The active selection of goldfish for specific traits dates back to the end of the first millennium in ancient China. Color was the first trait but, with the genetic richness of the goldfish, other mutations soon appeared. One of the earlier breeds of Chinese goldfish was the "Egg Fish" (dan yu).
The Egg Fish is a stout goldfish with no dorsal fin and a short double tail. It is probably the precursor to many modern varieties, like the Celestial, Ranchu and Lionhead. The Egg Fish over time proliferated into many variations and colors. One of the varieties of Egg Fish that was created was a long-tailed, or "phoenix" version. These add graceful, spread, flowing fins to the other characteristics of the original Egg Fish.
The blue-colored, long-tailed version of the Egg Fish is called the Blue Egg Phoenix (lan dan feng). The Egg Fish heritage of this variety goes back over 800 years, though the Blue Egg Phoenix itself is probably somewhat less ancient.
Due to changing tastes, the Cultural Revolution, and the difficulty of maintaining satisfactory strains of the Egg Phoenix, many of these varieties have become very rare in China and are virtually unknown elsewhere in the world. None was scarcer than the Blue Egg Phoenix.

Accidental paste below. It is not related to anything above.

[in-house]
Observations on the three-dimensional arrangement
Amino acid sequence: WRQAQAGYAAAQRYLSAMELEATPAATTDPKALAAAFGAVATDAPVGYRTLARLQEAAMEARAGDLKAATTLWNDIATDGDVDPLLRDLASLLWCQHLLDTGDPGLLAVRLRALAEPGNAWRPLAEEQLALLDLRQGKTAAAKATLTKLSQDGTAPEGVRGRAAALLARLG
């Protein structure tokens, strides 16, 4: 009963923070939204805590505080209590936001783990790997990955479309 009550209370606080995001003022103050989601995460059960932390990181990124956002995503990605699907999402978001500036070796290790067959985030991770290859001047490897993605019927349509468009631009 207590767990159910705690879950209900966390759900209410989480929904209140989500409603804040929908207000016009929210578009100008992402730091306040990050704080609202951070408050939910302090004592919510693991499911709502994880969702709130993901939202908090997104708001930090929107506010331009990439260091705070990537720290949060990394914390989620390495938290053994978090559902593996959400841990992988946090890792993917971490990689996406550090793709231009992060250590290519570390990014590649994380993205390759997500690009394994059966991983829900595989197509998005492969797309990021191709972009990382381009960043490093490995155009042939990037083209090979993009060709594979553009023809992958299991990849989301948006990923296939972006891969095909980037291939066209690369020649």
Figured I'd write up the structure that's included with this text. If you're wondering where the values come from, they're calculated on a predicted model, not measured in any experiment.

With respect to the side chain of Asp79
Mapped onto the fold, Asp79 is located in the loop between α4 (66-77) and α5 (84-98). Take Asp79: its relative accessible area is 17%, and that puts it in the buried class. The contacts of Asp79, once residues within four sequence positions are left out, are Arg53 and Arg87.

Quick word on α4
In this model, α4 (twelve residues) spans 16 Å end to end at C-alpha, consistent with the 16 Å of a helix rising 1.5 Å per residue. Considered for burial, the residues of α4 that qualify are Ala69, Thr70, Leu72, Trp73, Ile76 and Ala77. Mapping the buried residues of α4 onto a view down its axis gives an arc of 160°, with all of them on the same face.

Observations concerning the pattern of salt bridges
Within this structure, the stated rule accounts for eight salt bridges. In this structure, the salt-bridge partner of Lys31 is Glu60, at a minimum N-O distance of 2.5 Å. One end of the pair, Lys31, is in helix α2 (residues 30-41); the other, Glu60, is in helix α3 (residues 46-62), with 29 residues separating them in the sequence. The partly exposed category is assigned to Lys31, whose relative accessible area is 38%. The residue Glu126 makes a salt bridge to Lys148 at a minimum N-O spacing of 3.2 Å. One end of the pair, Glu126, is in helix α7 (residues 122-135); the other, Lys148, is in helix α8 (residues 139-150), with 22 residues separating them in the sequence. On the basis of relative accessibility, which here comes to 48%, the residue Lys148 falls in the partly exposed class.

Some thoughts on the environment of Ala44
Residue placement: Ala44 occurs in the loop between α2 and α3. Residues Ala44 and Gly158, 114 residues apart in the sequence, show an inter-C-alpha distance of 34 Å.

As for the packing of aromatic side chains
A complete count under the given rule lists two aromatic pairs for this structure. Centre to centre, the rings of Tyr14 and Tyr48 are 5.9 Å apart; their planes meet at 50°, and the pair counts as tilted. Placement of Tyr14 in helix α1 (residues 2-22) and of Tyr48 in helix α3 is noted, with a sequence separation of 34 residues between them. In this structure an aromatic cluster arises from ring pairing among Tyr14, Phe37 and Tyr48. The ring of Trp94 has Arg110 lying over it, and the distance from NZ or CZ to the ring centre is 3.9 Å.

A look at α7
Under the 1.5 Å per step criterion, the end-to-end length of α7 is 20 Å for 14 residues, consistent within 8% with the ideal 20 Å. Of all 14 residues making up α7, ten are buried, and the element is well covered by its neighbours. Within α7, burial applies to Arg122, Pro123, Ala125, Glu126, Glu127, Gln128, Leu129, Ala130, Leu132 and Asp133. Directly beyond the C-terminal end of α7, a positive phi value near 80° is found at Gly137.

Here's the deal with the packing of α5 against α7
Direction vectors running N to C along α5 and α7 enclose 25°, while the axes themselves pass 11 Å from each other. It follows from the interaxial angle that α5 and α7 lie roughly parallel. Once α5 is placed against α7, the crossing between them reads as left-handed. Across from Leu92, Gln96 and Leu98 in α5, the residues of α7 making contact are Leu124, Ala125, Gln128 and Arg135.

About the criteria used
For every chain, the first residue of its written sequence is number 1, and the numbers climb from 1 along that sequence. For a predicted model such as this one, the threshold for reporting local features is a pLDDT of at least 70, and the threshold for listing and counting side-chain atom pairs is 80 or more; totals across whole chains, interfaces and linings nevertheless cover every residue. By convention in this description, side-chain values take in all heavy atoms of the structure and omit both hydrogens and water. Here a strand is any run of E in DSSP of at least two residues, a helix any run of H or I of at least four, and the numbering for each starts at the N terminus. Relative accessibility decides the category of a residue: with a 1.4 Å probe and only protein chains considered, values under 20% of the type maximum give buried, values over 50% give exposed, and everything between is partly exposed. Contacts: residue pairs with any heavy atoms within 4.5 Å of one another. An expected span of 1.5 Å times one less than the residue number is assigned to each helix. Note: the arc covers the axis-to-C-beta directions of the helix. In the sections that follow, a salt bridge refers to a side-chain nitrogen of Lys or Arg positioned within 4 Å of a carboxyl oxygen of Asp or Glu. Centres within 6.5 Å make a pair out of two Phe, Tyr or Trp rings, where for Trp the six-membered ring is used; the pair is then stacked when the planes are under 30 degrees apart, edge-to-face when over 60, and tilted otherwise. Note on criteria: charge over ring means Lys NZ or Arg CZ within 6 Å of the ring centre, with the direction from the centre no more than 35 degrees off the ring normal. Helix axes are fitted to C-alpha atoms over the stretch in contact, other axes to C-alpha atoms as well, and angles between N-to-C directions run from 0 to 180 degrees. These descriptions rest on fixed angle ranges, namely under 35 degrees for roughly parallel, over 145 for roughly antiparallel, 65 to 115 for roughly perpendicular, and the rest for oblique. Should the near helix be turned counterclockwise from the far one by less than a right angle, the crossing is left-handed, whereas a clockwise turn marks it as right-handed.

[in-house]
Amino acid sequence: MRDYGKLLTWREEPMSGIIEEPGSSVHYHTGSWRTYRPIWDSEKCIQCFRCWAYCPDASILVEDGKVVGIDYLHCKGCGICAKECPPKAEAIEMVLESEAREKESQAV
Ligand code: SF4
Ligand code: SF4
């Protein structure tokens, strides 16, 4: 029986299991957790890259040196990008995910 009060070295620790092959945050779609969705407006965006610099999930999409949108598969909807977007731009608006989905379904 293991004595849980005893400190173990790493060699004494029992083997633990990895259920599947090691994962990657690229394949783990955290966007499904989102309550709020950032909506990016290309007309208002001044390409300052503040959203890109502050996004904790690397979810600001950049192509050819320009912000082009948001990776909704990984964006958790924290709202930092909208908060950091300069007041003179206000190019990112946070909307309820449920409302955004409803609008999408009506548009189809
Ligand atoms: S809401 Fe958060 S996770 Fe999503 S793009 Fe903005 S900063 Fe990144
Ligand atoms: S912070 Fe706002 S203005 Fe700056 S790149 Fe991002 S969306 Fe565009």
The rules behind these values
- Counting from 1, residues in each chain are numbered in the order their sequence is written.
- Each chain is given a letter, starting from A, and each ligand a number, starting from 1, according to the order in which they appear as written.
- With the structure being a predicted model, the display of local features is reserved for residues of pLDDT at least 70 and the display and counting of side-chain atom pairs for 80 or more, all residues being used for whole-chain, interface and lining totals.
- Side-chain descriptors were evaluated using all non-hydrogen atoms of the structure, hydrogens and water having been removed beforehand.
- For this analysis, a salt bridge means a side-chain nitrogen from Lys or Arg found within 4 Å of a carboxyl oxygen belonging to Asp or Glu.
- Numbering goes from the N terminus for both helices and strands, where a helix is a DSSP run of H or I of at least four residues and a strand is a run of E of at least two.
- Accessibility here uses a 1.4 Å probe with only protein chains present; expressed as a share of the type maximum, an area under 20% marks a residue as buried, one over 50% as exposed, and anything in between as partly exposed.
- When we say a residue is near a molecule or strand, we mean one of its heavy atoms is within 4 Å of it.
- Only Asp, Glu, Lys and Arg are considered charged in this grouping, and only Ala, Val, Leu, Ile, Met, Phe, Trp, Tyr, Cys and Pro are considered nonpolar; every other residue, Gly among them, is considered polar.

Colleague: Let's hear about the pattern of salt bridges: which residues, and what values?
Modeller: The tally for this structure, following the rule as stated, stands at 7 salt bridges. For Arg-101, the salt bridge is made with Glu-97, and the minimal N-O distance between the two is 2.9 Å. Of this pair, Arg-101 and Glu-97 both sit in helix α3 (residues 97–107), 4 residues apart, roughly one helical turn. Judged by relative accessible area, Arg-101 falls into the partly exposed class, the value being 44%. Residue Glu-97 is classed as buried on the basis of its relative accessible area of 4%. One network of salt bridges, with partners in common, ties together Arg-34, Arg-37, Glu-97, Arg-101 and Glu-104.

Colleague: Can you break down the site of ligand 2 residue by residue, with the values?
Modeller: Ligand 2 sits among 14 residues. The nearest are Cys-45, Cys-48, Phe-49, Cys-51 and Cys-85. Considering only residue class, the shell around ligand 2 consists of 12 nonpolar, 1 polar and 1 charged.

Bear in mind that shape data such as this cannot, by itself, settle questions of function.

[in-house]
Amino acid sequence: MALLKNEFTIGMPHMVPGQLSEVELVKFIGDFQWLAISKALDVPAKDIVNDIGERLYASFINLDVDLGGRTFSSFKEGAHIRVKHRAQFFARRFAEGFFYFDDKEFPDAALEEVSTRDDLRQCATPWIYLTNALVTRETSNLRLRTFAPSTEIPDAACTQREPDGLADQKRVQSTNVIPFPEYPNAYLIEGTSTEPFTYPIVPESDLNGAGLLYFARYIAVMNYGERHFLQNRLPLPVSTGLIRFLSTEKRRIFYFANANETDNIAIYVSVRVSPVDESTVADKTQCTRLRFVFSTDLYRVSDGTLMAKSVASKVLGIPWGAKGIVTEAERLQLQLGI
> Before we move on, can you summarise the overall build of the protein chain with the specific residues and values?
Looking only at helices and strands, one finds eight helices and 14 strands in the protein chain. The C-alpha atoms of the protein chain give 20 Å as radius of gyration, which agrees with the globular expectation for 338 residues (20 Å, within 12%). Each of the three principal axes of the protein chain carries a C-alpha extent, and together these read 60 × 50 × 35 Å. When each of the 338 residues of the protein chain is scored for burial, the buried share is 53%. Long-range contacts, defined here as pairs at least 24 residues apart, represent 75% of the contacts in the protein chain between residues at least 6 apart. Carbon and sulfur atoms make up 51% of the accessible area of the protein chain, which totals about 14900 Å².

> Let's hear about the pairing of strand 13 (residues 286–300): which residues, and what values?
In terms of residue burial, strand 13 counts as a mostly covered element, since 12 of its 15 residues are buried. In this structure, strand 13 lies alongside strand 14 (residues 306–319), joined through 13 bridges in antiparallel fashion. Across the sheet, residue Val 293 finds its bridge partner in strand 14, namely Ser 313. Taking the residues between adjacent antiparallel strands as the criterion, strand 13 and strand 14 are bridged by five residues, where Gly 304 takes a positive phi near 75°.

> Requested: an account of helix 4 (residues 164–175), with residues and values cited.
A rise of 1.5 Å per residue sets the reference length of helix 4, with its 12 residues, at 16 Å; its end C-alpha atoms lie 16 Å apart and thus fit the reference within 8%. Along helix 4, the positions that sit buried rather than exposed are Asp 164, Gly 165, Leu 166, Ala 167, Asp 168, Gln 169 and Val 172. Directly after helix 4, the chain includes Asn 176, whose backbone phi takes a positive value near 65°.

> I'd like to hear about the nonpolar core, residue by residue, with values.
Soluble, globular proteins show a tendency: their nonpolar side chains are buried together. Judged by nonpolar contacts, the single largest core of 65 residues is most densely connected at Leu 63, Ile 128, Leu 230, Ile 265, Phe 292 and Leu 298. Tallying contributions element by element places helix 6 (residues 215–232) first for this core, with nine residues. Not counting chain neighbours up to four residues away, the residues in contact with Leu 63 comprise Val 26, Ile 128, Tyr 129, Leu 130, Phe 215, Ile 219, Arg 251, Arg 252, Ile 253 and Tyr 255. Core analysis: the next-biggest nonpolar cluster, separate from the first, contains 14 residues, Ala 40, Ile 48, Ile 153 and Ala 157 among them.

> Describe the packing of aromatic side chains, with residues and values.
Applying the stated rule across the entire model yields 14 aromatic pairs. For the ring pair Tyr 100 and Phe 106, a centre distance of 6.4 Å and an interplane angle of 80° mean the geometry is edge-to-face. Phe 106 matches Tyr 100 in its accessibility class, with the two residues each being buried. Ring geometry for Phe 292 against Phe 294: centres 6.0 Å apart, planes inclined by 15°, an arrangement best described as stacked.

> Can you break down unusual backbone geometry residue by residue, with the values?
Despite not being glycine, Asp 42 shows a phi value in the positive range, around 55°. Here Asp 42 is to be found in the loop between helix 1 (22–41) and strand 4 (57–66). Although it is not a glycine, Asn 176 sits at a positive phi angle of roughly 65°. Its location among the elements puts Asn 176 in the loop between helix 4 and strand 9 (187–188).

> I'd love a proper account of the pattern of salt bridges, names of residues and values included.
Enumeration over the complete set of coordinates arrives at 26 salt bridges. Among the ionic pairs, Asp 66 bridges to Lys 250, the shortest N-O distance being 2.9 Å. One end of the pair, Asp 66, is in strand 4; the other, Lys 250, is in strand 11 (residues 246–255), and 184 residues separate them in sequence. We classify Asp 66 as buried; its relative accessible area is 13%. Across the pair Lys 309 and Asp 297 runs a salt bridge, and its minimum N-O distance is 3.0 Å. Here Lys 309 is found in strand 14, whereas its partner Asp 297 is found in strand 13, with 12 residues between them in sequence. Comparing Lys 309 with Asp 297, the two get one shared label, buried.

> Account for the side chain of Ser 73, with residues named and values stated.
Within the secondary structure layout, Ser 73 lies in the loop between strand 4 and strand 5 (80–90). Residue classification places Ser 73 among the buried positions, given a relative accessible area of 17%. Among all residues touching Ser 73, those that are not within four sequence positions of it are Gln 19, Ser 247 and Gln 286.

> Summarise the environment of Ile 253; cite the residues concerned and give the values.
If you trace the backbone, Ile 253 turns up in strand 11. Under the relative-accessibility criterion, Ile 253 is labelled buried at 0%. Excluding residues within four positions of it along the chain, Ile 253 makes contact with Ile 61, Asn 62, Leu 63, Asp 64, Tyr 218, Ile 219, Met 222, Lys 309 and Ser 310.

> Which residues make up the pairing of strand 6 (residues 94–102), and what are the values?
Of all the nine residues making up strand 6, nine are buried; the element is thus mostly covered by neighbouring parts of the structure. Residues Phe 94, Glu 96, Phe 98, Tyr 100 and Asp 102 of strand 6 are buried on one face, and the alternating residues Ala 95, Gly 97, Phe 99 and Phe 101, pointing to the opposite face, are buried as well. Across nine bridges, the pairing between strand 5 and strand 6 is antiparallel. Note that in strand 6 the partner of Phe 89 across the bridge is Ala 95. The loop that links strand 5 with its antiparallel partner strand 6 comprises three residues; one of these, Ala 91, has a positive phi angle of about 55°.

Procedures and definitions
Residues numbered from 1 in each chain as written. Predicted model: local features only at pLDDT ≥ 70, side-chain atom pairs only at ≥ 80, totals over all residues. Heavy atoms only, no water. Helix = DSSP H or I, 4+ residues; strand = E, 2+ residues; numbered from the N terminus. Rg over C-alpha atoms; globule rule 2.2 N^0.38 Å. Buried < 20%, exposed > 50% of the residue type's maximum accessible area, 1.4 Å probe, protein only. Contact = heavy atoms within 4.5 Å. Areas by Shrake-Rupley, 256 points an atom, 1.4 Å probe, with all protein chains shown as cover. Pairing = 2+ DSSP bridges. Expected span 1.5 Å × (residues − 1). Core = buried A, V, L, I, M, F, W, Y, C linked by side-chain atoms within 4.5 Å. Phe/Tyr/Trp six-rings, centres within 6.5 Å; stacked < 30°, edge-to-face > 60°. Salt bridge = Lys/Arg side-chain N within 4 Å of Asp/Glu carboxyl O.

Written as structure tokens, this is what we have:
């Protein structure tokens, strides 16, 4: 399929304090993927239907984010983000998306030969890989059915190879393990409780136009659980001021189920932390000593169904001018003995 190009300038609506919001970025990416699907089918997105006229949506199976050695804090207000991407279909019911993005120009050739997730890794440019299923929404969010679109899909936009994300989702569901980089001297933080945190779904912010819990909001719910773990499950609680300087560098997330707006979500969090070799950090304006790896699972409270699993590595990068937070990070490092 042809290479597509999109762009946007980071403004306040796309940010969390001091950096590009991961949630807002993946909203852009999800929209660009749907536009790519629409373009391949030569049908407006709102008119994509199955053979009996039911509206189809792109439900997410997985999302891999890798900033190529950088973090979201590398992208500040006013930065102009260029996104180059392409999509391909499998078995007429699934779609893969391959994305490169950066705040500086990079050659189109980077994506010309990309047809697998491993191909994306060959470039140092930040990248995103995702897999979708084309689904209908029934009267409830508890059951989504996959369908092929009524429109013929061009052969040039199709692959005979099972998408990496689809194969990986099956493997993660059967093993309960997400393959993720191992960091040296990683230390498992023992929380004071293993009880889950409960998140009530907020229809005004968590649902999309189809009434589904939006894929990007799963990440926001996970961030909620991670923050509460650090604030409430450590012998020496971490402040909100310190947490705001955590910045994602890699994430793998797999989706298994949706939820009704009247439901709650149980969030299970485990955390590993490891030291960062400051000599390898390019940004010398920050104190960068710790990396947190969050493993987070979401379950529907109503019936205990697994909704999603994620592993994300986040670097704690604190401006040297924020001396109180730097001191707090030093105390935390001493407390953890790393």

In Hong Kong there is an aquarium devoted to Chinese goldfish. It is called the Goldfish Pagoda and it is inside Ocean Park in Aberdeen, HK. One of the Goldfish Pagoda's activities is to find good strains of rare goldfish breeds and then display and propagate them. One of the first rare breeds they tackled was the Blue Egg Phoenix.
A GFSA member, Steve Frowine, visited the Goldfish Pagoda in 1995 and met with its director and some of the staff. Steve suggested that a fish exchange between the Goldfish Pagoda and the GFSA might be a mutually beneficial event, providing a wider base for the preservation of rare varieties.
In 1996, the Goldfish Pagoda shipped 18 Blue Egg Phoenixes to the GFSA in the United States and the GFSA shipped a similar number of Blue Veiltail goldfish back to them. The Veils were bred by Al Foster. The Blue Egg Phoenixes were distributed to a number of senior breeders in the society.
Young, American-bred Blue Egg Phoenix exhibited at the GFSA Convention 2000.
These fish are hardy, though somewhat slow to spawn. After a few mishaps, a good breeding base has been established with a number of active breeders keeping the breed. They have proven equally adaptable to the pond or the aquarium, with both an attractive side and top view and active, alert behavior.